Hitting mosquitos when they are weakest

Mosquitos. During the summer months they can be annoying, but in the villages around the southern tip of Lake Gruyere, they can become a real pest – if, that is, they are left unchecked. That is why for the past 20 years local authorities have been culling the mosquito population in interventions timed to hit the mosquito larvae with a natural insecticide when they are most vulnerable. To assist decision-makers in planning these interventions, Max Mentha and Morgan Bruhin, both master's students in environmental engineering, worked on the development of an online platform that tracks the larval development around the hotspot.

"You wouldn't expect this area to be infested by mosquitos," says Max Mentha, walking on the parched muddy banks at the southern tip of Lake Gruyere, not a single mosquito in sight. "Right now, we are in the middle of a heat wave. The mosquito eggs are waiting for rain to hatch, but once the temperature and water level of the lake are just right, their population will explode, pestering residents in Broc, Morlon, and other towns within their ten-kilometer flight radius," he says.

The perfect storm of conditions leading to the massive proliferation of mosquito larvae only became possible with the construction of the Rossens dam that transformed a section of the Sarine River into what is now Lake Gruyere. Fluctuating water levels, stagnant puddles of water, and the right type of vegetation all contribute to making the area a haven for proliferating larvae.

Drawing the perfect battle plan

For their design project, Mentha and Bruhin rarely set foot on the idyllic shores of Lake Gruyere. Instead, they spent most of their time in computer labs. "Our project focused on upgrading an existing computer program that tracks the development of around Lake Gruyere and transforming it into an online application," says Mentha. The platform models the altitude of the lake surface, water temperature, and other parameters in a geographical information system, basically a digital map.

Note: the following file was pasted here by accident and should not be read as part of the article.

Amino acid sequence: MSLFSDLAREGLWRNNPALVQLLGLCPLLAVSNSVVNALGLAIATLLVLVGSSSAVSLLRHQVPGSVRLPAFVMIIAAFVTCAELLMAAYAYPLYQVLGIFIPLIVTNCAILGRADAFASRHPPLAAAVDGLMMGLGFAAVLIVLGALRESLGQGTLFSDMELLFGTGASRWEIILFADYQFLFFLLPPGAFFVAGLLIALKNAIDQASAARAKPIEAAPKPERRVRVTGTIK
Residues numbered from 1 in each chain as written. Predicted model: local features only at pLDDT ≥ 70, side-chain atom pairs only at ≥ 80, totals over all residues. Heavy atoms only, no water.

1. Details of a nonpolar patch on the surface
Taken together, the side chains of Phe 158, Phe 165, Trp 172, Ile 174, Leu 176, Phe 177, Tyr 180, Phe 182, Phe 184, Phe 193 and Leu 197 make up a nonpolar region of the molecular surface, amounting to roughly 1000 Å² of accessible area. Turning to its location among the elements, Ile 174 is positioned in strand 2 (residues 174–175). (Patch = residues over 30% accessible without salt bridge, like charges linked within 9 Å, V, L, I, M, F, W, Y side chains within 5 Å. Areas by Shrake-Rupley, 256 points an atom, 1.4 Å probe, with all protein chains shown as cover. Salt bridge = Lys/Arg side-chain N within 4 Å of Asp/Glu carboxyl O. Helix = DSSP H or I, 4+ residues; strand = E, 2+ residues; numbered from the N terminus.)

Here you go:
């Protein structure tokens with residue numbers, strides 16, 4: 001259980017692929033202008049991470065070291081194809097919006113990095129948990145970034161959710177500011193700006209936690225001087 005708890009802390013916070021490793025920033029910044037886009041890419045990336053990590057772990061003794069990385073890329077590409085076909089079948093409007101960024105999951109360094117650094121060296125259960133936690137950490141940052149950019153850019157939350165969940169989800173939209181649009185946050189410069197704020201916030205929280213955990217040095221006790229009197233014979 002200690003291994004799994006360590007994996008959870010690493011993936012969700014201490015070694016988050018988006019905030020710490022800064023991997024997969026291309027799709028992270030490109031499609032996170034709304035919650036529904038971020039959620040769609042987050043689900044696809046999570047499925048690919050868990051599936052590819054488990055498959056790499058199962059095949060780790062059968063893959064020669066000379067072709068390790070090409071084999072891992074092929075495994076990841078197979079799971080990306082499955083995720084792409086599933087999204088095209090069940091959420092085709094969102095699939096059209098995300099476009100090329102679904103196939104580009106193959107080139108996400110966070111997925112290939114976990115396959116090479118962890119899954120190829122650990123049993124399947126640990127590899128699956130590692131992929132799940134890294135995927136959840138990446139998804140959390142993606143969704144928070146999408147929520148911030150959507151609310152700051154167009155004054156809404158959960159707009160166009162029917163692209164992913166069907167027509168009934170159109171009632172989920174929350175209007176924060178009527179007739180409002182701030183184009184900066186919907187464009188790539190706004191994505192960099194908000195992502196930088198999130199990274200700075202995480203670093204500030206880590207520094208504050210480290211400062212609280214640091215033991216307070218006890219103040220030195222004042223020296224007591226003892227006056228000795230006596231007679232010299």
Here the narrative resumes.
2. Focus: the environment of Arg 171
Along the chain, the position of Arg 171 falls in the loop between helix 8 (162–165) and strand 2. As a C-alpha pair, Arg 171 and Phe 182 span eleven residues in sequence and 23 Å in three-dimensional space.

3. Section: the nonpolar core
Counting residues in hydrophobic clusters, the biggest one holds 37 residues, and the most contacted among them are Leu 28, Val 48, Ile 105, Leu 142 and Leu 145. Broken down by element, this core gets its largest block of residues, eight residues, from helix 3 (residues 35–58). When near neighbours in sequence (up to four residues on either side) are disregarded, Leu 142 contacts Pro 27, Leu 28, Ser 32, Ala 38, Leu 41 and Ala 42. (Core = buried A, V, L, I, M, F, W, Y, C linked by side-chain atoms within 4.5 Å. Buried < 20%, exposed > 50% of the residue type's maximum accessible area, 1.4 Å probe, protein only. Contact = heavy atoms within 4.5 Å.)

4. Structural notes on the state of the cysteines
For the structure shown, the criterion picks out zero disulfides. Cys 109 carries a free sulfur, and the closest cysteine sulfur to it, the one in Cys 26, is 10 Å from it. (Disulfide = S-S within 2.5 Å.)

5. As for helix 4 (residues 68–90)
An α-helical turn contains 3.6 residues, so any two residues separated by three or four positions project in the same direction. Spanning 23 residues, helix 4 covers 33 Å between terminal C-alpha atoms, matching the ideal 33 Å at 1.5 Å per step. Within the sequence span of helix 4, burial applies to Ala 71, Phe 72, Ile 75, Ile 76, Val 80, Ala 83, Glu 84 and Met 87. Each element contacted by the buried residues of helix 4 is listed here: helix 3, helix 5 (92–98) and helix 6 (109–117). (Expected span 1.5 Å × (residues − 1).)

"The goal was to enhance the platform by integrating a three-day weather forecast," he explains. The online application is part of swissrivers.ch, a website run by Lausanne based environmental consulting firm e-dric, that provides free forecasting information for rivers across the country.

Ultimately, the module that the students worked on will help authorities determine exactly when and where to intervene with a bacteria-based insecticide, typically dispersed from a helicopter once a year. Integrating the could buy the authorities enough time to reserve the helicopter required for the operations.

A natural insecticide

When dealing with mosquitos, the insecticide of choice is not a complex chemical compound, but a bacterium found naturally in most soils: Bacillus thuringiensis israelensis. This bacteria is known to act only on three species of insects, mosquitos, black flies, and fungus gnats, and only during a brief window of their development. By strewing it out of a helicopter when the conditions are just right, a large fraction of the larvae can be killed without further damaging the ecosystem.

"What we really enjoyed about the project was that it was extremely multidisciplinary, involving geographical information systems, computer science, hydrology, and biology. It also gave us an opportunity to interact with a number of professionals, from ETH Zurich professor Peter Lüthy, who has been managing the mosquito control project for the past 20 years, to the engineers at e-dric, to local residents in the region," says Mentha.

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